A large part of succeeding as a trader involves knowing when to buy or sell an asset. The general assumption is that you should buy cheap and sell high. However, that is not always the case.
The reality is that there are several strategies investors use to stay profitable. One of those strategies is buying the dip. This article takes a closer look at this trading strategy and how to pull it off successfully.
Definition of Buying the Dip
Buying the dip refers to buying assets while the prices are on a short-term dip. The idea is that the slight price dip represents an opportunity to buy cheaply before the asset prices bounce back. The whole strategy relies on the theory of price waves. The theory states that prices are predictable because they move in repeating patterns.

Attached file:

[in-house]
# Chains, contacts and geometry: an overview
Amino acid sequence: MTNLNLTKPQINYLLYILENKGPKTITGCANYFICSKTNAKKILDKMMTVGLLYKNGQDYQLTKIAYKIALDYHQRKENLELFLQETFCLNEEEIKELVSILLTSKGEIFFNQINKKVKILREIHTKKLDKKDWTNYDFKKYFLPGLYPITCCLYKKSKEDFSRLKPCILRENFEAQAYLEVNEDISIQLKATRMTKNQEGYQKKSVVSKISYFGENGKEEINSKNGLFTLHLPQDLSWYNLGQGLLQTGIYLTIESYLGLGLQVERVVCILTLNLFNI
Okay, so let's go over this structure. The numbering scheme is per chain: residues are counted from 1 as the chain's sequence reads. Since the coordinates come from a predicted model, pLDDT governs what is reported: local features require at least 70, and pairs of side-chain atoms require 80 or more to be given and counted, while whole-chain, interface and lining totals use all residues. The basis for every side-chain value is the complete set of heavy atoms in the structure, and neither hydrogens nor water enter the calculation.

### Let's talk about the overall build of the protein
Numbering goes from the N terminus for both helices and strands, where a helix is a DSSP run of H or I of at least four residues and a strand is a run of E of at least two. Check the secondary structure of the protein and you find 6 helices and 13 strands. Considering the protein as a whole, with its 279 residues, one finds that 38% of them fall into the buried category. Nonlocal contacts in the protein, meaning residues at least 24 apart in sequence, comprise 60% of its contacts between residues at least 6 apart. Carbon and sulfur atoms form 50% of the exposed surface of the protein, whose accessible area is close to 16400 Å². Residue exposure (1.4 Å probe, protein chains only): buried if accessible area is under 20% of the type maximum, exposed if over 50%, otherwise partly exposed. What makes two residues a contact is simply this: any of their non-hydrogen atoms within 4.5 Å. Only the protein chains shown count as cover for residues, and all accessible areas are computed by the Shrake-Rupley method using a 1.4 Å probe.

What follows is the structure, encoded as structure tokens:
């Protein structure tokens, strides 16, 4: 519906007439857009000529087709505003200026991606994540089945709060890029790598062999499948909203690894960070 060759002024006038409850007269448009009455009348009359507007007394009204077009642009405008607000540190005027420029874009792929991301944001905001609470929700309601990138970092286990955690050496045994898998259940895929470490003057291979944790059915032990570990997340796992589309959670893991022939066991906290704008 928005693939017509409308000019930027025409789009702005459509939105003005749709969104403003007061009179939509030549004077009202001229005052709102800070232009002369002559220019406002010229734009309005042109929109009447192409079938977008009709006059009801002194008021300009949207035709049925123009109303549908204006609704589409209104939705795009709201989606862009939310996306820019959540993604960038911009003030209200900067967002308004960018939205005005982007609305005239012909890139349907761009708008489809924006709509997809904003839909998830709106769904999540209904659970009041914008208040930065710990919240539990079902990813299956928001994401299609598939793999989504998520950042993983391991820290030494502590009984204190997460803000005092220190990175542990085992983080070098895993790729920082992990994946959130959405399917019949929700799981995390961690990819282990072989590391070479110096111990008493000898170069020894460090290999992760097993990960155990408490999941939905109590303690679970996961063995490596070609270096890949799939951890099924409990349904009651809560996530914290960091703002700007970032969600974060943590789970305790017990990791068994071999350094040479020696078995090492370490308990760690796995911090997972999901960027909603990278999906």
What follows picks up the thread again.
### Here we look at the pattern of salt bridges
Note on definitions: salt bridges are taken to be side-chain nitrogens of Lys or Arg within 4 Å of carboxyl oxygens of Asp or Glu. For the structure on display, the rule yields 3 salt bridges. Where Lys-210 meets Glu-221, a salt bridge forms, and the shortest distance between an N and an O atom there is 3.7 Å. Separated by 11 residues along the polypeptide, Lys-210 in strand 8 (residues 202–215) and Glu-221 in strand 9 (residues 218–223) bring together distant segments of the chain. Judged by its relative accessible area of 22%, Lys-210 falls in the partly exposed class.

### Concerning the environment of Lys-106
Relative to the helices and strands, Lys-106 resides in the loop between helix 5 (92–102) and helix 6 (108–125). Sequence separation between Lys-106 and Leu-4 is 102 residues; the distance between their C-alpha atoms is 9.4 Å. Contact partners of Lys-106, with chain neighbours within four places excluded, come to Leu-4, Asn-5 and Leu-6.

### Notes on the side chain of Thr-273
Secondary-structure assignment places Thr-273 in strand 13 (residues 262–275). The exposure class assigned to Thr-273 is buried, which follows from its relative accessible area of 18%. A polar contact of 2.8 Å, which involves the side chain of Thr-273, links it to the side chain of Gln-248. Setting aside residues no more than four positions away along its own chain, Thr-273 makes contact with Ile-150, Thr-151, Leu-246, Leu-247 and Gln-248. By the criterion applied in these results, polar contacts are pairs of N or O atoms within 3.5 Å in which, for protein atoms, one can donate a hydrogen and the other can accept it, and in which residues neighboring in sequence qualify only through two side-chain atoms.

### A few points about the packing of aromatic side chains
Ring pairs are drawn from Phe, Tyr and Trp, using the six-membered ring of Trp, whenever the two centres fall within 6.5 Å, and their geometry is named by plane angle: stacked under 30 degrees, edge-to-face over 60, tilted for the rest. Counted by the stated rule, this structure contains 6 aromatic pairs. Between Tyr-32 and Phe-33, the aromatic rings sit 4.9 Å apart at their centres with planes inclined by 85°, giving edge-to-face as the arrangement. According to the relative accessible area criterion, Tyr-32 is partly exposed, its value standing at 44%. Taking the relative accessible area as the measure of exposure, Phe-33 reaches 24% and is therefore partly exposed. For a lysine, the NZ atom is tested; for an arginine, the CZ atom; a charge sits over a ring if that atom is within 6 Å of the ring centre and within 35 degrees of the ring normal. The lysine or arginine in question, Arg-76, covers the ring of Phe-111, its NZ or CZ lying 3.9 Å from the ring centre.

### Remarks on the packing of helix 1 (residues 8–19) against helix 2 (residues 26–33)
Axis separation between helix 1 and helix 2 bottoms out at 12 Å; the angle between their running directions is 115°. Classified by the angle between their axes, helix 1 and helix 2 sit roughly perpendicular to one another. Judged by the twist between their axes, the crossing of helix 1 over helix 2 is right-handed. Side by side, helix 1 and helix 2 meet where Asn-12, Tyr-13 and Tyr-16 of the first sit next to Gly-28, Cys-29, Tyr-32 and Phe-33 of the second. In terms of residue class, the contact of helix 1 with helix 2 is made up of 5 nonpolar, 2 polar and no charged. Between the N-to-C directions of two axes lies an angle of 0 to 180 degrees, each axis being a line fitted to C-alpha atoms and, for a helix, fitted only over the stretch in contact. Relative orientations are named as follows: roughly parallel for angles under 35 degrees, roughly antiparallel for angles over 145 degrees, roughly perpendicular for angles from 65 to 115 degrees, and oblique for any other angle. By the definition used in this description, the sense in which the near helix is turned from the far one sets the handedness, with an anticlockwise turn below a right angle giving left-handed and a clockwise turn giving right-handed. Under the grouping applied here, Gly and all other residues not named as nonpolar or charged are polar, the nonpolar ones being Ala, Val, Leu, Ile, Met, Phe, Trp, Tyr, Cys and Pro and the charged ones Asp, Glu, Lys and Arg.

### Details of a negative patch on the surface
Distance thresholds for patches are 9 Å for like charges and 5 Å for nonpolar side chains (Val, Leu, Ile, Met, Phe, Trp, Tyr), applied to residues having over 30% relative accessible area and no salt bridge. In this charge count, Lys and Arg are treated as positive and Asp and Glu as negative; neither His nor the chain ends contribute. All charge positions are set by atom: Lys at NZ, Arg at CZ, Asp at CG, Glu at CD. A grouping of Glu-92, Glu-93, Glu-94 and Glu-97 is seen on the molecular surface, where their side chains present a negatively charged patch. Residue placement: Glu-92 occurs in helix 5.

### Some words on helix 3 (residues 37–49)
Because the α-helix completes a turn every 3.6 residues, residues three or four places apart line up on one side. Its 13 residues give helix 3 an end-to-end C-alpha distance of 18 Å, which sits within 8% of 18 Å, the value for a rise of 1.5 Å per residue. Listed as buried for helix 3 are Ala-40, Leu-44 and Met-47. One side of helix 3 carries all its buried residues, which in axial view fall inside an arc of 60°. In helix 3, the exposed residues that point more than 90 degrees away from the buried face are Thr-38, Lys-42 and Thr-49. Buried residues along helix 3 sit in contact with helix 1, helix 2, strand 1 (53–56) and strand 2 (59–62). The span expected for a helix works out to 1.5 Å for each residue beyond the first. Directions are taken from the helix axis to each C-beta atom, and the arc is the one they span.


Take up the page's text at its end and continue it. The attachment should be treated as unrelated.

Investors analyze the market trends using corrective and impulse waves. The traders use the stats to anticipate a reversal. However, the insight from the wave theory is not meant to be certain. It merely provides probable outcomes. This investment strategy is only profitable for long-term investment but can cost investors money on the downtrends.
Pros of Buying the Dip
Buying the dip is an investment strategy preferred by many investors. It is reasonably reliable when combined with technical analysis. Here are the advantages of buying the dip as an investment strategy.
Timing the market is not always a manageable strategy. That is why many investors prefer safer approaches like buying and holding. Buying the dip relies heavily on mathematical models, which are pretty predictable. The time and price wave relationships Fibonacci ratios. For instance, corrective waves have a retracing 38% of the previous impulse.